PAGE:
An Elkhart City Council special meeting Saturday, called in part to discuss forming a city police force or marshal's position, was interrupted when the Anderson County Sheriff's Office had to be called to break up a disturbance.
This was the second time in five months ACSO deputies have been called to an Elkhart City Council meeting.
On Saturday, Elkhart Mayor Jennifer McCoy called a recess after the Pledge of Allegiance, when former mayor Mike Gordon, and former city councilmen Billy Jack Wright and Chris Sheridan refused to clear the chamber walkway and sit in the gallery.
According to the state Fire Marshals' Office, the path to both exits must be kept clear at all times.
After refusing McCoy's requests to take available seats in the gallery, she called the sheriff's office.
“The ex mayor and two ex-councilmen refuse to recognize my authority,” McCoy told the Herald-Press Monday. “Follow the rules or leave. It is as simple as that.”
ACSO Deputy Amanda Materanek resolved the standoff.
“Deputy Materanek commanded authority,” City Administrator Judith Cantrell told the Herald-Press on Monday. “She told the three of them their choices were to either take a seat in the gallery or leave.”
Sheridan, husband of recently-fired city secretary Carla Sheridan, chose to sit in the gallery; Wright, who said he didn't want to be “crammed in like sardines,” left the building with Gordon.
In February, deputies were called to break up an altercation between Sheridan and Mayor Pro Tem Raymond Dunlap. No charges were filed.
State Fire Marshal Todd Parsons told the Herald-Press city officials acted according to the law and public safety.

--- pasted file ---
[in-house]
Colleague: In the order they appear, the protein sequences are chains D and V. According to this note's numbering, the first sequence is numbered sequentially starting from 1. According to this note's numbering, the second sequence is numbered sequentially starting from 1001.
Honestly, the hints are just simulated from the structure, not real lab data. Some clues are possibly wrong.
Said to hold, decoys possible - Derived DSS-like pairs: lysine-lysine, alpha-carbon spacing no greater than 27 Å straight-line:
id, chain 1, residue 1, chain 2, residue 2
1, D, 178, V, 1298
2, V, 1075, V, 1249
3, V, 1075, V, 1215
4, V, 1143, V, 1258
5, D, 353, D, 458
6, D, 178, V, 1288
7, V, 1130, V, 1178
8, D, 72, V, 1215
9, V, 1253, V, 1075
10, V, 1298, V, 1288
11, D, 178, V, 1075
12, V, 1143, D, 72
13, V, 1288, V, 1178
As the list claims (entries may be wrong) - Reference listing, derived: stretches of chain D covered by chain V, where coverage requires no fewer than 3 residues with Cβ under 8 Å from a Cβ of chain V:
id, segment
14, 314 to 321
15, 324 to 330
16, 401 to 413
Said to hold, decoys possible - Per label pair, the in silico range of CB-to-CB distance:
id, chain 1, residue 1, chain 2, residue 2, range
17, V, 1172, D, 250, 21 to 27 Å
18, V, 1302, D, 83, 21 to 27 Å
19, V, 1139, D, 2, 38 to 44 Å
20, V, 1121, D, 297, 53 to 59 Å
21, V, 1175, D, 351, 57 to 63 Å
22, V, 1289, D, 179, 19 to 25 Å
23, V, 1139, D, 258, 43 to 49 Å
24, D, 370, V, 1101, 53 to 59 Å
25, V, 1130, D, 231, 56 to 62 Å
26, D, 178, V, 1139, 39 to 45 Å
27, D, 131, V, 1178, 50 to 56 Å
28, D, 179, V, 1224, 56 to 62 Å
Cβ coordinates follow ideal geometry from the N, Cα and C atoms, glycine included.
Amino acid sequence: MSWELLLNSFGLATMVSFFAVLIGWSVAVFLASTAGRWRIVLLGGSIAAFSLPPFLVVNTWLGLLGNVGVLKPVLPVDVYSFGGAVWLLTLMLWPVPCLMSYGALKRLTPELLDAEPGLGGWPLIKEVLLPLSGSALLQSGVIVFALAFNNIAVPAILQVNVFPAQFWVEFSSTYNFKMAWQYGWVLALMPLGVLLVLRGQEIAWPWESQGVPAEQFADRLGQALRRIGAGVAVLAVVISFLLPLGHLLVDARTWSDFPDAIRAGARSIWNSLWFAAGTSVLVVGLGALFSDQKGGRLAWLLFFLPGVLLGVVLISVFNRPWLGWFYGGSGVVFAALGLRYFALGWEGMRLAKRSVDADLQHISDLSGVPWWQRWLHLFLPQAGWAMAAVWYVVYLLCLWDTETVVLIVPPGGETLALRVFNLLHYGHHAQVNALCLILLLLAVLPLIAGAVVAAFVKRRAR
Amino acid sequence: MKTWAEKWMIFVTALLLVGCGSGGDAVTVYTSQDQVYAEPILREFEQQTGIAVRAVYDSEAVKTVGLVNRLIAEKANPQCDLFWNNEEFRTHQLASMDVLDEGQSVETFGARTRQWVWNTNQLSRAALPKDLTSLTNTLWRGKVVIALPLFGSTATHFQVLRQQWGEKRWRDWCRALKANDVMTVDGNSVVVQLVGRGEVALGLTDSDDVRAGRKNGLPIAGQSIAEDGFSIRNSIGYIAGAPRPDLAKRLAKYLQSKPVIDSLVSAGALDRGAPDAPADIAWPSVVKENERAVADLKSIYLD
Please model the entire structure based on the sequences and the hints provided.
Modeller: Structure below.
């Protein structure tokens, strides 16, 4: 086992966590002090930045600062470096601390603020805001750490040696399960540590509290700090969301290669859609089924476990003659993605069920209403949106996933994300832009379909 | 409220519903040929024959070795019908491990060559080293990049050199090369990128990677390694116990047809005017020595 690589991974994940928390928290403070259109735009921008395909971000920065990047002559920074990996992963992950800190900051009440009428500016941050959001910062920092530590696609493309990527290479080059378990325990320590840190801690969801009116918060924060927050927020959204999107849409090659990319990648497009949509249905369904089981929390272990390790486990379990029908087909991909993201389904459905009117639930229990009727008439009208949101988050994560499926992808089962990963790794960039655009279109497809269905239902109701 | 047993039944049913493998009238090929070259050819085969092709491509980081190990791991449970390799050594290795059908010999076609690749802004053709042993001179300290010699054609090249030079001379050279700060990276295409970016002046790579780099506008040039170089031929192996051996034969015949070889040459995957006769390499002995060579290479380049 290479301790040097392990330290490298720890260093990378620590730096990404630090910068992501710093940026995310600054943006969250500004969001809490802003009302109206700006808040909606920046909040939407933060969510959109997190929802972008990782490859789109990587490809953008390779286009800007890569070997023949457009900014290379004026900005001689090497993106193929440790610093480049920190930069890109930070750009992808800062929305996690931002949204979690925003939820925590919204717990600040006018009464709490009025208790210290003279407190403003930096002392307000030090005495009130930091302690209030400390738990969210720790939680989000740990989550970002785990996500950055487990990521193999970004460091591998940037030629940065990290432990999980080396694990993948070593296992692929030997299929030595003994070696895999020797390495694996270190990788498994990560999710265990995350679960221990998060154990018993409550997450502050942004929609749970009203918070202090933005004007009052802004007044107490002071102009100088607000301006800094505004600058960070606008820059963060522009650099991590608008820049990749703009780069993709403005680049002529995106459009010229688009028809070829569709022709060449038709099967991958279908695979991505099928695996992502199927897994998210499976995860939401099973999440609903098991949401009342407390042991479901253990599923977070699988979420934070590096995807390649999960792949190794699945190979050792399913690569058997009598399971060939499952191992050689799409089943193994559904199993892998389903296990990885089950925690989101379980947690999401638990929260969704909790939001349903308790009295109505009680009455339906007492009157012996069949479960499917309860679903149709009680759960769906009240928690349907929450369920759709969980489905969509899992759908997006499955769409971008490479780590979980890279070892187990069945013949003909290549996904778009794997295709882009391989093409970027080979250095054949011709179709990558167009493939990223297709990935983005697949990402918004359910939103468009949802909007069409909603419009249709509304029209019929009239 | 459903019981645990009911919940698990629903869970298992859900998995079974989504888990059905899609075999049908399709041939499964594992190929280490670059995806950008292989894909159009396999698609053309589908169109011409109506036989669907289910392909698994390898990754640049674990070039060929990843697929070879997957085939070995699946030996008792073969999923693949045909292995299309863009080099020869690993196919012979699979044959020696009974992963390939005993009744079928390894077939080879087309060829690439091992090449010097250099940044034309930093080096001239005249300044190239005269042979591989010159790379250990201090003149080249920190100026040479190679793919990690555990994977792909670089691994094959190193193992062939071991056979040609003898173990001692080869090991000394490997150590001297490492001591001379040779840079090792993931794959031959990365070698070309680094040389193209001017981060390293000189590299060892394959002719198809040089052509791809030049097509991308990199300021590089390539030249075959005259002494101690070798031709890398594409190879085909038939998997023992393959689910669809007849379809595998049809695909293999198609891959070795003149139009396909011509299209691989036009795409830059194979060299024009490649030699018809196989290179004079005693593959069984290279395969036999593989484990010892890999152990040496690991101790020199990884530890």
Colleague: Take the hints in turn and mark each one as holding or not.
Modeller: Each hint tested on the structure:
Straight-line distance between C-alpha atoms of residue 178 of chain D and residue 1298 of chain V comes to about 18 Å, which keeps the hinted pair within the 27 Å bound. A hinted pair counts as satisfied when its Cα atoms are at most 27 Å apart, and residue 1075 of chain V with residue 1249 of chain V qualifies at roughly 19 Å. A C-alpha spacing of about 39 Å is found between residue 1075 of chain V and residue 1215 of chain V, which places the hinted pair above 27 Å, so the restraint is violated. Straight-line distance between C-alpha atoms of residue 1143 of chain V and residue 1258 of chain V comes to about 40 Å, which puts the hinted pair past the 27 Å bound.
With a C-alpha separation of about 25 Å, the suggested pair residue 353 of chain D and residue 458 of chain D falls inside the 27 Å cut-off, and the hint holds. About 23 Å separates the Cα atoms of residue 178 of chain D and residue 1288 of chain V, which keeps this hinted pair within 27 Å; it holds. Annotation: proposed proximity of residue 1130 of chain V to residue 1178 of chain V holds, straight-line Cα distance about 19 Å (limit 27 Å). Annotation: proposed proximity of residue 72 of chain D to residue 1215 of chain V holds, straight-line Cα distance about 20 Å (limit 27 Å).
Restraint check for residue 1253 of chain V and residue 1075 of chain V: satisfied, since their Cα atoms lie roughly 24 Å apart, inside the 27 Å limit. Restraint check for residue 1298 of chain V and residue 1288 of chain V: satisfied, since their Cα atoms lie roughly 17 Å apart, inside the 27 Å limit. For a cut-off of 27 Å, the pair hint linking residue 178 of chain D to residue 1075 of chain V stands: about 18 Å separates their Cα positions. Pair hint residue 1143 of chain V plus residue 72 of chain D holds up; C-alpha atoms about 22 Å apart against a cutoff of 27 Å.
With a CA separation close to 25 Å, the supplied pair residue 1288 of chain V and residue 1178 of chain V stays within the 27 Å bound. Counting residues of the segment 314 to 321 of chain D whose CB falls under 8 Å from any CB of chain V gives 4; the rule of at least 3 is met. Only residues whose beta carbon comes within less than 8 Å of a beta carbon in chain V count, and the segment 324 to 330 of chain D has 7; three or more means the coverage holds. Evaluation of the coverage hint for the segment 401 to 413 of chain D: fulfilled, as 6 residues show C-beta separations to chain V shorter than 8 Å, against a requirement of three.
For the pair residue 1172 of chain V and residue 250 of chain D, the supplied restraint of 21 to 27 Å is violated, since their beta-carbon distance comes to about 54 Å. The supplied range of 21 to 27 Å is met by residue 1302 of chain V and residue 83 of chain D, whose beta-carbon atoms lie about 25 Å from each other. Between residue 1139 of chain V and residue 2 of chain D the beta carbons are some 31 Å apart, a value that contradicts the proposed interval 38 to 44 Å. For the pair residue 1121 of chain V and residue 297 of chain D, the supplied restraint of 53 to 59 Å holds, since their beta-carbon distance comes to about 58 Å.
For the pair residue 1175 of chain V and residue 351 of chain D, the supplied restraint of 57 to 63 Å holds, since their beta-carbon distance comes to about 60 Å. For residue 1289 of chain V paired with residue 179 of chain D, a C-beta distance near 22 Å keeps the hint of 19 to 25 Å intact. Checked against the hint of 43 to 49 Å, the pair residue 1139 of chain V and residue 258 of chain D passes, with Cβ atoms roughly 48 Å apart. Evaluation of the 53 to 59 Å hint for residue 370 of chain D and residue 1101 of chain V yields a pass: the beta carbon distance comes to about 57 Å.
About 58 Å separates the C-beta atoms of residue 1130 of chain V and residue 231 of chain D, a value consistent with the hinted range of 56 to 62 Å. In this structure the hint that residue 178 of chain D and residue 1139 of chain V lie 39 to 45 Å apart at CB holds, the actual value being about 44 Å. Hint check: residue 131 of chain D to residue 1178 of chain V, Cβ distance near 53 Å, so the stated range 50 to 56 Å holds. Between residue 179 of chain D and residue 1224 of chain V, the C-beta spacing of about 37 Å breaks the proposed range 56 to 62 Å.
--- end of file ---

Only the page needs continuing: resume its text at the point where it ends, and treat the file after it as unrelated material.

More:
“They [city officials] did exactly as they should have done,” Parsons told the Herald-Press. “The pathways to those exits must remain clear.”
Having local law enforcement available, such as a city police officer or marshal, was on the meeting's agenda, following a June 18 altercation with Sheridan.
“He [Sheridan] was very loud and aggressive,” Cantrell said. “He had submitted information requests the Friday before, and was angry that he hadn't yet received a reply.”
Code enforcement officer Biff Knight, a licensed peace officer, attempted to intervene, but Sheridan continued. He left before deputies arrived.
Sheridan is just one reason council is considering city-based law enforcement, McCoy said.
“There are certain individuals that photograph my employees leaving, and photograph their vehicles,” she said. “My employees, my council and the residents of Elkhart will not be intimidated or bullied – we will move Elkhart forward.”
Due to the actions of Gordon, Wright, and Sheridan, Cantrell said, the agenda item had to be tabled until the July 1 council meeting.
Anderson County Sheriff Greg Taylor said, until Elkhart finds a permanent solution, or establishes a city law-enforcement agency, he will assign a deputy to preserve order during council meetings.
Interim City Secretary Ami Ashworth said she supports having local law enforcement available to preserve order.
Attempts by the Herald-Press to contact Gordon, Wright, and Sheridan were unsuccessful.